Virginia Robert F. McDonnell (R) said Tuesday afternoon that the state is working with federal, state and local agencies to assess damage from the earthquake.
"In the wake of the earthquake, I would like to encourage all Virginians to check on neighbors and loved ones to ensure that everyone is safe and to continue cooperating with law enforcement and emergency responders working in your neighborhood,’’ said McDonnell, who is holding a news conference later today. “All resources of the commonwealth have been put on alert to assist in any way necessary as we move forward.”
Buildings on Capital Square, including the Patrick Henry Building that houses McDonnell’s office, were evacuated after downtown Richmond felt shaking for 20 seconds.
Dominion Resources has shut down both reactors at the North Anna nuclear power plant, though no damage has been reported.
The emergency diesel generators started as off-site power from the grid was lost. The station declared an alert, the next to the lowest of the four emergency classifications of the U.S. Nuclear Regulatory Commission.
The earthquake also caused the company’s newest power station, Bear Garden in Buckingham County, to shut down automatically. The earthquake was felt at the Surry Power Station, but not as strong. Both units continue to operate, according to Dominion.
U.S. nuclear power stations, including Dominion’s four stations, were built to seismic standards for their regions and safety systems designed to those standards would direct operators to shut down the reactors in the event of an earthquake, according to Dominion.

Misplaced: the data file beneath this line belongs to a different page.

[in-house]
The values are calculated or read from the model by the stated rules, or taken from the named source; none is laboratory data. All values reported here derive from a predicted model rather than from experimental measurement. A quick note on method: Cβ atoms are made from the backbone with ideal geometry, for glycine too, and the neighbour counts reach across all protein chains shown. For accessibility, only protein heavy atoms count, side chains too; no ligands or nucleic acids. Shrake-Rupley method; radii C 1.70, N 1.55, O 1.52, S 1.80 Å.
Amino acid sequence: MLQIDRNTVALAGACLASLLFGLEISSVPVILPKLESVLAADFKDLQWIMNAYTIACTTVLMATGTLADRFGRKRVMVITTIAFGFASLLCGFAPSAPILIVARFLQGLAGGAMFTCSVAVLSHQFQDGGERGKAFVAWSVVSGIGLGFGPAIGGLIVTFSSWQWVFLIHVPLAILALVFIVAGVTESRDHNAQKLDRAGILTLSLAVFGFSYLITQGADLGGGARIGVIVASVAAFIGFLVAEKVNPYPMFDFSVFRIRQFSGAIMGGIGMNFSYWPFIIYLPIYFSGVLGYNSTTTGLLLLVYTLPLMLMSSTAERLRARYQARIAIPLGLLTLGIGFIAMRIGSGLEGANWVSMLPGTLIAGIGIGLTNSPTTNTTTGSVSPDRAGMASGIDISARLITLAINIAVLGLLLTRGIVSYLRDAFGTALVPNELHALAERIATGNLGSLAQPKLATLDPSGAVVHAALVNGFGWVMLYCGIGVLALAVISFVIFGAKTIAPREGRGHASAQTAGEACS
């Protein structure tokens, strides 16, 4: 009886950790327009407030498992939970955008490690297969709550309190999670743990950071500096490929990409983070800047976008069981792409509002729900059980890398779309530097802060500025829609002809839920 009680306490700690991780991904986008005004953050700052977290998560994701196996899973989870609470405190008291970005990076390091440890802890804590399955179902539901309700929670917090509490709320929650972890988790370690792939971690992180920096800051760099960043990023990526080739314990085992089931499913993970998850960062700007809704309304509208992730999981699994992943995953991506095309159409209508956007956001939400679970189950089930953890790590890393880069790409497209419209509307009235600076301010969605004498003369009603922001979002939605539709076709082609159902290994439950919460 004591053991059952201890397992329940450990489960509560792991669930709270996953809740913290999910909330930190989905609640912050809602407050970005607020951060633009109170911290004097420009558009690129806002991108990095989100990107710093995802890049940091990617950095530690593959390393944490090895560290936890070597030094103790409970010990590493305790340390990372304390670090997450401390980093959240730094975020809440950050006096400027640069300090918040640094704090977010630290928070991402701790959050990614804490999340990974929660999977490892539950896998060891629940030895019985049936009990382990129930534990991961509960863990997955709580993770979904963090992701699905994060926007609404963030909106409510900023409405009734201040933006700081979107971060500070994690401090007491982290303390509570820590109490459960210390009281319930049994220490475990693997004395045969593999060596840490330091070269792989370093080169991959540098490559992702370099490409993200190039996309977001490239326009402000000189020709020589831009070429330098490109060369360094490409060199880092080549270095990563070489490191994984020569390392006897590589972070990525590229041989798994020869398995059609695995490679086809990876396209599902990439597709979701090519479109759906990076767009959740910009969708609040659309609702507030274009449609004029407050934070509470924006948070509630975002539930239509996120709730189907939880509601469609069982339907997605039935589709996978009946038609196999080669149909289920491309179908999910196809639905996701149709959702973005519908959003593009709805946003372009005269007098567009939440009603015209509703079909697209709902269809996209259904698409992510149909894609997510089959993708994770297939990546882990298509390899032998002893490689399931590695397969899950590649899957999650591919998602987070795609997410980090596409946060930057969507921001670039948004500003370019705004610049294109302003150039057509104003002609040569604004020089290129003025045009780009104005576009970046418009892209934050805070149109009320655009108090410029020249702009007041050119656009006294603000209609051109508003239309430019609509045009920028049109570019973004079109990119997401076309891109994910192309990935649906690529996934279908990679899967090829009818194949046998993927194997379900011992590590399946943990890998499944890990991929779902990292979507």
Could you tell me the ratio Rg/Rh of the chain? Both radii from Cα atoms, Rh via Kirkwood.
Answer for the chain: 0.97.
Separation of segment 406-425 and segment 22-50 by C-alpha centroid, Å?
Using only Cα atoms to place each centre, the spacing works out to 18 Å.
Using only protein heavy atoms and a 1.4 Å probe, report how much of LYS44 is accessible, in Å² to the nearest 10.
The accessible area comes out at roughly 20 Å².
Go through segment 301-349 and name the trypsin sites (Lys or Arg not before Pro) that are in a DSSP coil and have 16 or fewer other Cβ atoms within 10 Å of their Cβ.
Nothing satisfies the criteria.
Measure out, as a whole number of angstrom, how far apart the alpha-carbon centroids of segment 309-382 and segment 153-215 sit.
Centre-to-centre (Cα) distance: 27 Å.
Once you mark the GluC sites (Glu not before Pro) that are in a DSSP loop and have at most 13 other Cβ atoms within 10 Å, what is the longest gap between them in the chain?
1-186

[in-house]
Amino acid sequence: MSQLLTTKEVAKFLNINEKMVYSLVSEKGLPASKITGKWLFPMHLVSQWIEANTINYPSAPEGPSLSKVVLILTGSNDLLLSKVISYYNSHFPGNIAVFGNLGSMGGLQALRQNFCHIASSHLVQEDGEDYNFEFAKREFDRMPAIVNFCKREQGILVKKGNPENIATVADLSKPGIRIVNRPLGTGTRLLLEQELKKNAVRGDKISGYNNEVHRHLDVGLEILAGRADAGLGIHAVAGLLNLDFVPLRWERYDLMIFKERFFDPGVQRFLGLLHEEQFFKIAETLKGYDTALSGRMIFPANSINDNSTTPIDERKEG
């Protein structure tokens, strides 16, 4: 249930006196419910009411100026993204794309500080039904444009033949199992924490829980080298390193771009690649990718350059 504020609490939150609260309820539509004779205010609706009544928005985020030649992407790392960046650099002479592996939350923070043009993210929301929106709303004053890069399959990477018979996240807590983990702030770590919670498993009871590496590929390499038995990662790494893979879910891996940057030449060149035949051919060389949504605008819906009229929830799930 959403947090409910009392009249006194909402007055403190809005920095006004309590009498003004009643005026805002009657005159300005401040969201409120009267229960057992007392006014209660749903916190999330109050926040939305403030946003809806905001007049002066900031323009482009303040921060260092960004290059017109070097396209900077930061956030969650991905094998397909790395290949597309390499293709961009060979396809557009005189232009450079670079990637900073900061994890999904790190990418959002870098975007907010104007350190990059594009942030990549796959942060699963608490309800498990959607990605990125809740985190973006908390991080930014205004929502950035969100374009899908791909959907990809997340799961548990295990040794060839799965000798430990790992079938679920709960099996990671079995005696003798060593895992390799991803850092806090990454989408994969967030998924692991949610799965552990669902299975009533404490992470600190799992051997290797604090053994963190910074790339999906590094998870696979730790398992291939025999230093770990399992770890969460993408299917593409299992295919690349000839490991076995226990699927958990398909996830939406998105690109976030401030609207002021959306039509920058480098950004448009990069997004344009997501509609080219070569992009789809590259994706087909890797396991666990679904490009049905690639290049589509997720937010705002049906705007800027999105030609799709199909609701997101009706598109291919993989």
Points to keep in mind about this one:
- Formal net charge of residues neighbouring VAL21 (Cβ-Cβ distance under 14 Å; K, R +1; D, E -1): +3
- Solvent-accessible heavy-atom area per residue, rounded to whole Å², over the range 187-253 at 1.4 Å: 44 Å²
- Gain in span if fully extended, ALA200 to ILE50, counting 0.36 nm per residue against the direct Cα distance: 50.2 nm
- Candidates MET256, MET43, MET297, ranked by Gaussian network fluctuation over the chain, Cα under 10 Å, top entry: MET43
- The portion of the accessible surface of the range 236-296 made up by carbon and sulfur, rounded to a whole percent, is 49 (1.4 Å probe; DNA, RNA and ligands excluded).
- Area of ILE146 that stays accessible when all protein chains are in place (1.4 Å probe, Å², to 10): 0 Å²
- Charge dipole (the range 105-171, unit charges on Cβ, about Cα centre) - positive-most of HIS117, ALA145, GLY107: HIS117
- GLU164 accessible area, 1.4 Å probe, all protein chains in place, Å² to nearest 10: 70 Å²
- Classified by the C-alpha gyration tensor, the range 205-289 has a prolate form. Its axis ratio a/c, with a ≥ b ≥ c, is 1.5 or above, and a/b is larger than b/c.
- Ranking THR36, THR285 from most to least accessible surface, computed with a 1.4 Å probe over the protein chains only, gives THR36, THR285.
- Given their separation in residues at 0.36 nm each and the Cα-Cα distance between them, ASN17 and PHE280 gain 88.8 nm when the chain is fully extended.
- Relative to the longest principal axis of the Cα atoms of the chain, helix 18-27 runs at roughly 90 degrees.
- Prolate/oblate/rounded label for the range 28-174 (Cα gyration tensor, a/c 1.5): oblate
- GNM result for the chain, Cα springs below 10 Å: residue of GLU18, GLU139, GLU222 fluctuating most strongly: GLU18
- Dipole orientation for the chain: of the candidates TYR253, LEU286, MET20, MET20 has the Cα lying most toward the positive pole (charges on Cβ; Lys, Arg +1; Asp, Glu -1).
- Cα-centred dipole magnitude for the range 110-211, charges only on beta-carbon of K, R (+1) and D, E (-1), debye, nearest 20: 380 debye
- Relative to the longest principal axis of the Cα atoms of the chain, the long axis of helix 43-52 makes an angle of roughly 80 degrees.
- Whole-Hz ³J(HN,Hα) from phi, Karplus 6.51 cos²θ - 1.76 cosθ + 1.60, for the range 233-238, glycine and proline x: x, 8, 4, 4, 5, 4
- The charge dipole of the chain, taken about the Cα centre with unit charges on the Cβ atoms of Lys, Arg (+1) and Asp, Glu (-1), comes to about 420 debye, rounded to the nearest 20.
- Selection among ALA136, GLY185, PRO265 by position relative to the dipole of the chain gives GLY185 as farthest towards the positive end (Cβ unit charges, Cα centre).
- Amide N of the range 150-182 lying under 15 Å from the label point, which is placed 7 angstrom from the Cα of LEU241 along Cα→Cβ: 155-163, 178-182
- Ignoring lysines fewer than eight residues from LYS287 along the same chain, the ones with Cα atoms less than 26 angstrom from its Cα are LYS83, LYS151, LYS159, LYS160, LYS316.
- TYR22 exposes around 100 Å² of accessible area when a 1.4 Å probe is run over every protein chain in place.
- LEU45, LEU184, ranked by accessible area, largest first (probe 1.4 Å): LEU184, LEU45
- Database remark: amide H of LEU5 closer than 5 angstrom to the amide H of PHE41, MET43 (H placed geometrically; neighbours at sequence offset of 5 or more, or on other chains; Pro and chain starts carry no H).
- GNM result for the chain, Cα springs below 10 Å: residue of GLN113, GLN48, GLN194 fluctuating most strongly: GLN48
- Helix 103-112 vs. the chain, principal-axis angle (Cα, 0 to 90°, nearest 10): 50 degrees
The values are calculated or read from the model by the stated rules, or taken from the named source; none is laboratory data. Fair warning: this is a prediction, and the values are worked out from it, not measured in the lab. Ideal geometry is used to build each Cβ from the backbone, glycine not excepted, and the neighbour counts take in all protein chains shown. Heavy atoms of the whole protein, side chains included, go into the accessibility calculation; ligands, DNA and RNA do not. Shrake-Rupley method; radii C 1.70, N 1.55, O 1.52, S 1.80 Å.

UPDATE: 5:45 p.m
McDonnell said at a late afternoon news conference in Richmond that Tuesday's earthquake was the largest to hit Virginia since 1897.
He said the earthquake hit at 1:51 p.m. four miles south of Mineral in Louisa County, 41 miles northwest of Richmond, and was felt as far away as Rhode Island.
The governor was in his Capitol Square office speaking to his son, who attends the University of Virginia, when both of them felt the tremor.
He said no deaths or significant damage have been reported, but that state and local officials are still evaluating property.
"The very good news is any injuries have been very minor,'' he said.
Both Louisa middle and high schools sustained some damage. Louisa elementary school will be used as a shelter Tuesday night, if needed.
The state's emergency operations center already was intact in preparation for Hurricane Irene, which is supposed to hit the Atlantic Coast this weekend.
In the 50 Virginia jurisdictions holding primaries, voting will proceed as scheduled. McDonnell said that a small number of precincts had moved voting outside as a result of the earthquake.
McDonnell, who said he did not have the legal authority to extend voting hours, said he saw no reason to cancel or postpone the voting since no polling machine had more than a 30-minute delay. “We don’t believe any voter has been deprived of their vote,” he said.